But by the time I arrived home, I had another story in mind: Tempus, my character, had come storming into my brain: Tempus the Riddler, Tempus the Black, Tempus the Obscure. Tempus would be analogous to Heraclitus of Ephesus, but be the man Heraclitus would have been if he’d done what he advised others to do. So from that assignment came Tempus at his nadir, once a general, now a mercenary fallen on hard times, alone in lawless Sanctuary with a mission from the capital to see if the feckless prince who ruled the town could ever make a king. Cime would be his sister, and Askelon his nemesis, but first I had to introduce him in a way that would make the editor want not only that story, but more stories of Tempus and Cime and the wizard-ridden world they perceived.
So I wrote, “Vashanka’s Minion,” the first story in the Tempus epic; Bob loved its anti-heroic flavor, and asked me to do another, which was “A Man and his God,” in which two men kiss, a priest of the Storm God dies, and Tempus’ world forever changes as he inherits the Sacred Band.
Right there, when the Sacred Band begins, the story becomes historical fantasy, since our Sacred Band is modeled on the heroic but doomed Sacred Band of Thebes.
I loved writing the first Tempus stories; the characters obsessed me; once I connected Tempus to Heraclitus and fantasy Sanctuary to the real ancient past, I knew exactly what to do. I have never had more fun writing.
And evidently the readers had fun reading the Tempus stories, for the Thieves’ World series was a great success, selling more than a million copies, success enough that I could propose and sell a stand-alone Tempus book, to be a novelized anthology in which my earliest Tempus tales are seen by his young companion in war, Nikodemos. And in which (even better) I could publish my story about Cime the mage-killer and Askelon, lord of dreams who rules Meridian.
It was during this interval as I was preparing the novelized anthology, Tempus, that the shared-world Thieves’ World became a bestseller; then I also sold the to-be-written trilogy about Tempus and his Sacred Band, called the Beyond trilogy (Beyond Sanctuary, Beyond the Veil, Beyond Wizardwall) as hardcovers for Baen Books, as Science Fiction Book Club selections, and as Ace mass market paperbacks. Subsequently, I wrote three more Tempus novels for Baen, and then many years later assembled the final Thieves’ World Sacred Band tales, along with new stories written expressly for that volume, in a second novelized anthology, The Fish the Fighters and the Song-girl, and also, for Perseid Press, the epic Tempus novel, The Sacred Band.
For more than thirty years now, I have been writing about Tempus (and his sister-in-arms Cime, and the Sacred Band of Stepsons), and he has been living in my head much in the same way that Tempus is inhabited by Enlil, the Akkadian Storm God. But this book Tempus is the original, the earliest, and these are the tales that made Tempus famous — how it all began.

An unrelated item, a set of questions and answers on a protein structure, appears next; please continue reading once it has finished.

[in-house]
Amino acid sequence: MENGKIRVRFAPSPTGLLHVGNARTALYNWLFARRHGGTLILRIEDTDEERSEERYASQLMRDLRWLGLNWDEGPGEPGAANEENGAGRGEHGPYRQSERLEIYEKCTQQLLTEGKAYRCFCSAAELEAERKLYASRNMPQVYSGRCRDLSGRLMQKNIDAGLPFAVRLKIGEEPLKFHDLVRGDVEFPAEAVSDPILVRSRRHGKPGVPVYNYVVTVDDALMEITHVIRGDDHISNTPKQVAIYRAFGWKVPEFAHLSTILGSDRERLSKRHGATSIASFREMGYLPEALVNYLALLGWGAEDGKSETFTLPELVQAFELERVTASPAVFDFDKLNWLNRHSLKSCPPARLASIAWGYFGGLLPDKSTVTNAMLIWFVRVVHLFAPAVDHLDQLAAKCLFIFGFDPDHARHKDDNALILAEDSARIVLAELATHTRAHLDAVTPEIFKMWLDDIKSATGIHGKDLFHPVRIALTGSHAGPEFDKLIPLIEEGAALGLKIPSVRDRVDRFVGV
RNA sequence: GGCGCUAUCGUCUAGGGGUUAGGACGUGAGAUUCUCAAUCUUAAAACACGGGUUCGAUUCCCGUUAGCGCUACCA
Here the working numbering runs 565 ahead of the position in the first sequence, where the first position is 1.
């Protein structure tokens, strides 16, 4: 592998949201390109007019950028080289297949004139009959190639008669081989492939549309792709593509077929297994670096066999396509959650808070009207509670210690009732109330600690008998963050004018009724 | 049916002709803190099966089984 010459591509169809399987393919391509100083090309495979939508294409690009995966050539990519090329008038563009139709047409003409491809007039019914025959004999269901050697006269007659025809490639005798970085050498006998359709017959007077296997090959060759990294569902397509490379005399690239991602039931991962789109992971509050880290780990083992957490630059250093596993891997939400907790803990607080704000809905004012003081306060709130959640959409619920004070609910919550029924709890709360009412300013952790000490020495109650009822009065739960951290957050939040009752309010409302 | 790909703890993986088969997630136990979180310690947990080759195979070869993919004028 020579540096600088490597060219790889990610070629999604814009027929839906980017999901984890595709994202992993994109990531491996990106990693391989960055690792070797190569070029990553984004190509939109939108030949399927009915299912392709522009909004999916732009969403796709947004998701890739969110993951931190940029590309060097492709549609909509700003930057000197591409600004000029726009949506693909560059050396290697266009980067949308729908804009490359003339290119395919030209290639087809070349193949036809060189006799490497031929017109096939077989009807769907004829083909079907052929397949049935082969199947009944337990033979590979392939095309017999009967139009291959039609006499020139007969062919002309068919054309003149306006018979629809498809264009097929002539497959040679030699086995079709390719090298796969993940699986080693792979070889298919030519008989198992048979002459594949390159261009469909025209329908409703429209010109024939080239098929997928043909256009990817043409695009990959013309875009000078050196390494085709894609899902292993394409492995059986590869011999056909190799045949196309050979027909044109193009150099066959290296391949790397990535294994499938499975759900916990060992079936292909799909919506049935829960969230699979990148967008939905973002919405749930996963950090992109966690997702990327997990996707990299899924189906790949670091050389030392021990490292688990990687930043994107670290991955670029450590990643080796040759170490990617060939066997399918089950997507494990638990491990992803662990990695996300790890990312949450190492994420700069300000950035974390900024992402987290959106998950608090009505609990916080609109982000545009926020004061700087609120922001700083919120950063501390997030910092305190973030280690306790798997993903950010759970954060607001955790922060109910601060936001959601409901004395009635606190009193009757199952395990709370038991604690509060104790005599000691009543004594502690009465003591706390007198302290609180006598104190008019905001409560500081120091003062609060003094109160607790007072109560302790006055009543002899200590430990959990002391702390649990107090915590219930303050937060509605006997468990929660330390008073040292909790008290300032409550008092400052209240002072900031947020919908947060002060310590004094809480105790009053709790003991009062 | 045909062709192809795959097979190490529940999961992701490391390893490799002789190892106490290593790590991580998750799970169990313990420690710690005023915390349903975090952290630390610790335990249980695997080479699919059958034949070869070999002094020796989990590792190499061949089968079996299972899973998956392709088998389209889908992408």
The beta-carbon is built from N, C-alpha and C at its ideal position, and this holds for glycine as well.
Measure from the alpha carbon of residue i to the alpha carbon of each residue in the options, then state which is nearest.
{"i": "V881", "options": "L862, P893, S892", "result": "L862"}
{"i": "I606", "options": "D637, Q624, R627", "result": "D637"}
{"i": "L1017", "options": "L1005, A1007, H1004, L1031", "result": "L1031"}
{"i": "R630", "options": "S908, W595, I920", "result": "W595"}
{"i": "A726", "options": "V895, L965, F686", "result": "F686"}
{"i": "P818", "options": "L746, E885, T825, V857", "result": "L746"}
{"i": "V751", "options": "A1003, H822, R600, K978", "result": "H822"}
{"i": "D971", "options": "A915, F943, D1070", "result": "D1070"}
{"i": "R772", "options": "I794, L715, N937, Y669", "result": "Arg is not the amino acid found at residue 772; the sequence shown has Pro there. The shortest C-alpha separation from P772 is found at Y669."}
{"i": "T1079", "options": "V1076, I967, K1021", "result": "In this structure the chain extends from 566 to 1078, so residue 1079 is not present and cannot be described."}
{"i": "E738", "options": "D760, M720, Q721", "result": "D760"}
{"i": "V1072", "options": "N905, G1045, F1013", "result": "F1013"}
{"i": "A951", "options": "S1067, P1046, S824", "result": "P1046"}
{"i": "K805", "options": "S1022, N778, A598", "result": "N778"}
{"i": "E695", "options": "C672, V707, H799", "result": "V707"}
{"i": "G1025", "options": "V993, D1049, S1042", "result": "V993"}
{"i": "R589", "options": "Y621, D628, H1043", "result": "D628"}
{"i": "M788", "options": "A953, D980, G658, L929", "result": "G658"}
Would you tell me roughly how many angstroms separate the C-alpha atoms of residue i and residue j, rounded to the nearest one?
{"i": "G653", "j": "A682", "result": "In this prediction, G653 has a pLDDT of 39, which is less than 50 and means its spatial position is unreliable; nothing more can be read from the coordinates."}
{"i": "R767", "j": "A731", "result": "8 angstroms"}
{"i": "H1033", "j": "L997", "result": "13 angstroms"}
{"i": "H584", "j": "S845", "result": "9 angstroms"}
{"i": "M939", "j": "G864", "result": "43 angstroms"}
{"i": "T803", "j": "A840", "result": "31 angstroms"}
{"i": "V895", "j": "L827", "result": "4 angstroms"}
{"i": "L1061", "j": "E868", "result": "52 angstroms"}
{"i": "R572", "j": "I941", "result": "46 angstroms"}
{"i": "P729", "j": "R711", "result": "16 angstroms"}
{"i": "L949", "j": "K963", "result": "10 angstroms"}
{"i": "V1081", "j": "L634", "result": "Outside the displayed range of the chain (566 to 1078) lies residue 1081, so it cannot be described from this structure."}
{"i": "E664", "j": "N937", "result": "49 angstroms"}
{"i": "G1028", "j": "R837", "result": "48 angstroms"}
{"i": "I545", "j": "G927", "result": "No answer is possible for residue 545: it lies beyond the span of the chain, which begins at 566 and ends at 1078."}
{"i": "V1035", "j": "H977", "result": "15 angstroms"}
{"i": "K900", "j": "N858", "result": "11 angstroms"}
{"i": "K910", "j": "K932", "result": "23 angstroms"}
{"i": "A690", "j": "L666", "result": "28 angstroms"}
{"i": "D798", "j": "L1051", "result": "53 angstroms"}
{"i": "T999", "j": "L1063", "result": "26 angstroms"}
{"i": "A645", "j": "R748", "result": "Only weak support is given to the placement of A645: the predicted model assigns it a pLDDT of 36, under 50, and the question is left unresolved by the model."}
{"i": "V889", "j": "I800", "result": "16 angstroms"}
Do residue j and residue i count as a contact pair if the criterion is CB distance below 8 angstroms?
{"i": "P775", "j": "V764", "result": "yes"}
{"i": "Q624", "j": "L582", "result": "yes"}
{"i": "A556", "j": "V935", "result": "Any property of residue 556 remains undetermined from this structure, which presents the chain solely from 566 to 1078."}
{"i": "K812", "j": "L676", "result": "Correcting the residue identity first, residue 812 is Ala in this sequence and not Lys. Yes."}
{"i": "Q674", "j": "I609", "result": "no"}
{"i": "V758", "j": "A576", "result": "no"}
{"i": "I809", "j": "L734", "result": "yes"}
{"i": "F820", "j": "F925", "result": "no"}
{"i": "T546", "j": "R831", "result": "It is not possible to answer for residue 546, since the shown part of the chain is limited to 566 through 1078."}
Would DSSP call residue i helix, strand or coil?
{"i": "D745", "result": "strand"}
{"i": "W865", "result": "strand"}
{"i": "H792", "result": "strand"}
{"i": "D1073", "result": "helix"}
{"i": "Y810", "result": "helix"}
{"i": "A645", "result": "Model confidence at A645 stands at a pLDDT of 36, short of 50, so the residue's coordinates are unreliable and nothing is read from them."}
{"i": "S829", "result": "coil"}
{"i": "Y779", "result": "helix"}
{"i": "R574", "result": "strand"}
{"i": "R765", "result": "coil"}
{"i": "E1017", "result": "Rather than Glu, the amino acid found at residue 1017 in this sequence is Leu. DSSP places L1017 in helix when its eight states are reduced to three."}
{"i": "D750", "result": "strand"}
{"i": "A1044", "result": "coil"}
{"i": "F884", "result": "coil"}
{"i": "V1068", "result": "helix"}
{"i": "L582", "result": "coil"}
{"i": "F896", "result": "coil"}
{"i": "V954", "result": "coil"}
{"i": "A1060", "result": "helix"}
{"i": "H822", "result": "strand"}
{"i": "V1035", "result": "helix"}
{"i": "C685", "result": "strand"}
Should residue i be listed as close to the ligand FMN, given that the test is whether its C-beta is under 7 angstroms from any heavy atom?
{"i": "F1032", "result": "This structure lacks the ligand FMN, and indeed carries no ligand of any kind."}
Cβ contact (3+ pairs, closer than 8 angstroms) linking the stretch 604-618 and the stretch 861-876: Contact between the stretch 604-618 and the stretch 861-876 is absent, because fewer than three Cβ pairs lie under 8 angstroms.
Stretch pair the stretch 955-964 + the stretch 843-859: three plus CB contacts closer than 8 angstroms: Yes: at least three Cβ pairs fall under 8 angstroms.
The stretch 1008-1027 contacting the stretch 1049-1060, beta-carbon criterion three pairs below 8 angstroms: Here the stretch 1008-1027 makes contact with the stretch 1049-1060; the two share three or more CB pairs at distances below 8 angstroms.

About Janet: Janet Morris began writing in 1976 and has since published more than 20 novels, many co-authored with her husband Chris Morris or others. She has contributed short fiction to the shared universe fantasy series “Thieves World, (TM)” in which she created the Sacred Band of Stepsons, a mythical unit of ancient fighters modeled on the Sacred Band of Thebes. She created, orchestrated, and edited the Bangsian fantasy series Heroes in Hell, writing stories for the series as well as co-writing the related novel, The Little Helliad, with Chris Morris. Most of her fiction work has been in the fantasy and science fiction genres, although she has also written historical and other novels. Morris has written, contributed to, or edited several book-length works of non-fiction, as well as papers and articles on nonlethal weapons, developmental military technology and other defense and national security topics.
Click below for links to more about Tempus and Janet Morris
Ten Authors and Ten Novels
including Tempus by Janet Morris and Native Lands by P.C. Zick
Great Summer Reading for only $.99 cents
(The Santa Monica Trilogy, #3)
Mature content, 18+. Heat level: 4 (out of 5)
When Angie goes head to head against her old nemesis Zach, “backroom negotiation” takes on a whole new meaning. As lawyers on opposite sides of a case, they’ve got plenty to argue about. She’s an environmentalist. He’s in-house counsel for a land developer.
But handling difficult clients, interfering family and friends, as well as courtroom battles proves easier than facing a growing mutual attraction that threatens to spin out of control. While Angie wants to believe there’s more to life than legal briefs, she’s been burned before. Can she learn to trust Zach, or will complications of his playboy past derail any chance of a happily-ever-after?
(Please note: Though this is the third book in the Santa Monica Trilogy, it can be read as a stand-alone novel.)
“Heard your dad’s company is getting sued.”
Zach dove for the ball, slamming his shoulder against the floor. “What?”
Mike gave him a hand up. “It was on the CNS dinger this morning. You didn’t know?”
Zach scowled. As in-house counsel for Stewart & Landry LLC, it was his job to know. That’s why he regularly monitored the Courthouse News Service, and kept tabs by phone and email. It figured this would happen the one day he headed out the door without checking.
He swiped an arm across his sweaty forehead and readjusted his grip on the racquet. “Your serve.”
Another minute passed in silence, punctuated by grunts and the slap of the ball against polyurethaned hardwood and tempered glass.
“So who’s the plaintiff?” Zach asked when the volley ended.
Mike shrugged. “Some woman claiming CEQA violations.”
No surprise there. The California Environmental Quality Act was the bane of every developer’s existence, and a cash cow for any shady real estate lawyer who could find a tree-hugger willing to take up the cause.
“Damn leeches,” he muttered.